Guest Author - Teresa Coates
Denpasar has been the capital of Bali for more than a century, but prior to the Dutch invasion in 1906, it was known as Badung. By then, the Dutch had colonialized much of Bali and its neighbor Lombok and were determined to have it all. When they came in bearing guns, the city residents fought back, but were massacred. Many then turned the weapons on themselves. The Dutch occupation of the city lasted until the late 1940s when Indonesia regained its independence.
Today the site of the massacre and group suicide is marked in the center of the city with Puputan Square; a monument of a man, woman and two children making a brave but futile stand against the Dutch aggressors fills the center of the park. Today it is a popular gathering place for locals to enjoy some respite from the chaos of the city.
Down the road from the square is the Bali Museum, first established in 193, designed by P.J. Moojen. The museum architecture was conceived as a way to mimic the design of temples and palaces. Four pavilions are set in four courtyards with gazebos, gardens and exquisite gateways to pass between them. Inside you will find traditional arts and crafts that date from the Bronze Age to modern art, including theatrical masks, stone sculpture, intricate woodcarvings and beautiful textiles.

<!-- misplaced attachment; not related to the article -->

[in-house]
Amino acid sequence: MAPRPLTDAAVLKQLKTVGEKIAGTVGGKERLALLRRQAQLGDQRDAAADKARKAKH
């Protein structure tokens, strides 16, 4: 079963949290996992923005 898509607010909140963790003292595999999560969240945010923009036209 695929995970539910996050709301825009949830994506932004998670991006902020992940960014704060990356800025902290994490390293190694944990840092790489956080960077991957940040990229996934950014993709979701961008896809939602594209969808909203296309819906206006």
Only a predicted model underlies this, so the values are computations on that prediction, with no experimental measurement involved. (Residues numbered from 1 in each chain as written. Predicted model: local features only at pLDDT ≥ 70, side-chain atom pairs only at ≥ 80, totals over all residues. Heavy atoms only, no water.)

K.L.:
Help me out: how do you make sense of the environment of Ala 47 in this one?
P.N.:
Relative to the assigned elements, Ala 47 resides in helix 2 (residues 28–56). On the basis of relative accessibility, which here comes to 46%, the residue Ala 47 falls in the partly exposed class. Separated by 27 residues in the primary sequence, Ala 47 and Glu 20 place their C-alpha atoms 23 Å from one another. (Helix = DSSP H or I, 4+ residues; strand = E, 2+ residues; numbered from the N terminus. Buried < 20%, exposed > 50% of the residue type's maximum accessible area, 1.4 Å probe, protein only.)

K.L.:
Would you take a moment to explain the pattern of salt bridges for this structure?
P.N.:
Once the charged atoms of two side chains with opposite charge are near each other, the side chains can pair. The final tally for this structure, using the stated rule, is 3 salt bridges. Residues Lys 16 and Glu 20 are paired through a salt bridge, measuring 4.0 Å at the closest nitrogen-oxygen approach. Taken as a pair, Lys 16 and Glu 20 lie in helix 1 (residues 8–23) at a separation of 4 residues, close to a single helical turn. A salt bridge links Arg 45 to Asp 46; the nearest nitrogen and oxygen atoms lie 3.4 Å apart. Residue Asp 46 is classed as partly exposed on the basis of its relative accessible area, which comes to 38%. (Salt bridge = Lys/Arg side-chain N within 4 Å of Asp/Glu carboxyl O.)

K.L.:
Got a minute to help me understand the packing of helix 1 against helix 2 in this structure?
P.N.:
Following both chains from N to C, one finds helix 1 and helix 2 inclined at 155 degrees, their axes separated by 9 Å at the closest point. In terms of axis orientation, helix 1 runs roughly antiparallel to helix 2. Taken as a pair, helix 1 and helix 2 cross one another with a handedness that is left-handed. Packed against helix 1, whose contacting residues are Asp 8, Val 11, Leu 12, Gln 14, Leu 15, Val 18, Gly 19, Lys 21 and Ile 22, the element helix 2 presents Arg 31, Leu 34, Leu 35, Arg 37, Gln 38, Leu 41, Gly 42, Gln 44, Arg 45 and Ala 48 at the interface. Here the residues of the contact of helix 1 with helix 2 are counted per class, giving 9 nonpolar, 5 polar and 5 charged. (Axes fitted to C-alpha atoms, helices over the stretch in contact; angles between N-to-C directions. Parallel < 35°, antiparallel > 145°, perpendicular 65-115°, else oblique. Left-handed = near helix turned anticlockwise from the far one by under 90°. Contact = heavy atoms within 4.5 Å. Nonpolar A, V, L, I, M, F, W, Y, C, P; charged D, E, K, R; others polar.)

Next oor you will find the new Pura Jaganatha, built in the 1970s. Dedicated to the worship of the Supreme God Sang Hyang Widi Wasa and gets crowded during the full and new moons when worshipers flock to the temple. The grounds center around a very tall padmasana shrine built for the God to use as a throne. Surrounded by a water lily-filled moat, it's worth the visit.
One of the oldest temples in Bali, Pura Masopahit, is northwest of Puputan Square. Originally built in the 1400s, the temple was badly damaged in the 1917 earthquake. Since then it has been partly rebuilt with work continuing to restore the temple. The architecture is similar to East Javanese shrines and is a stellar example of the spiritual and cultural threads that runs through history.
A few blocks west of the Bali Museum is a three block stretch of textile sellers. Locals (and some foreigners) sift through the various batiks, silks and brocades that are available.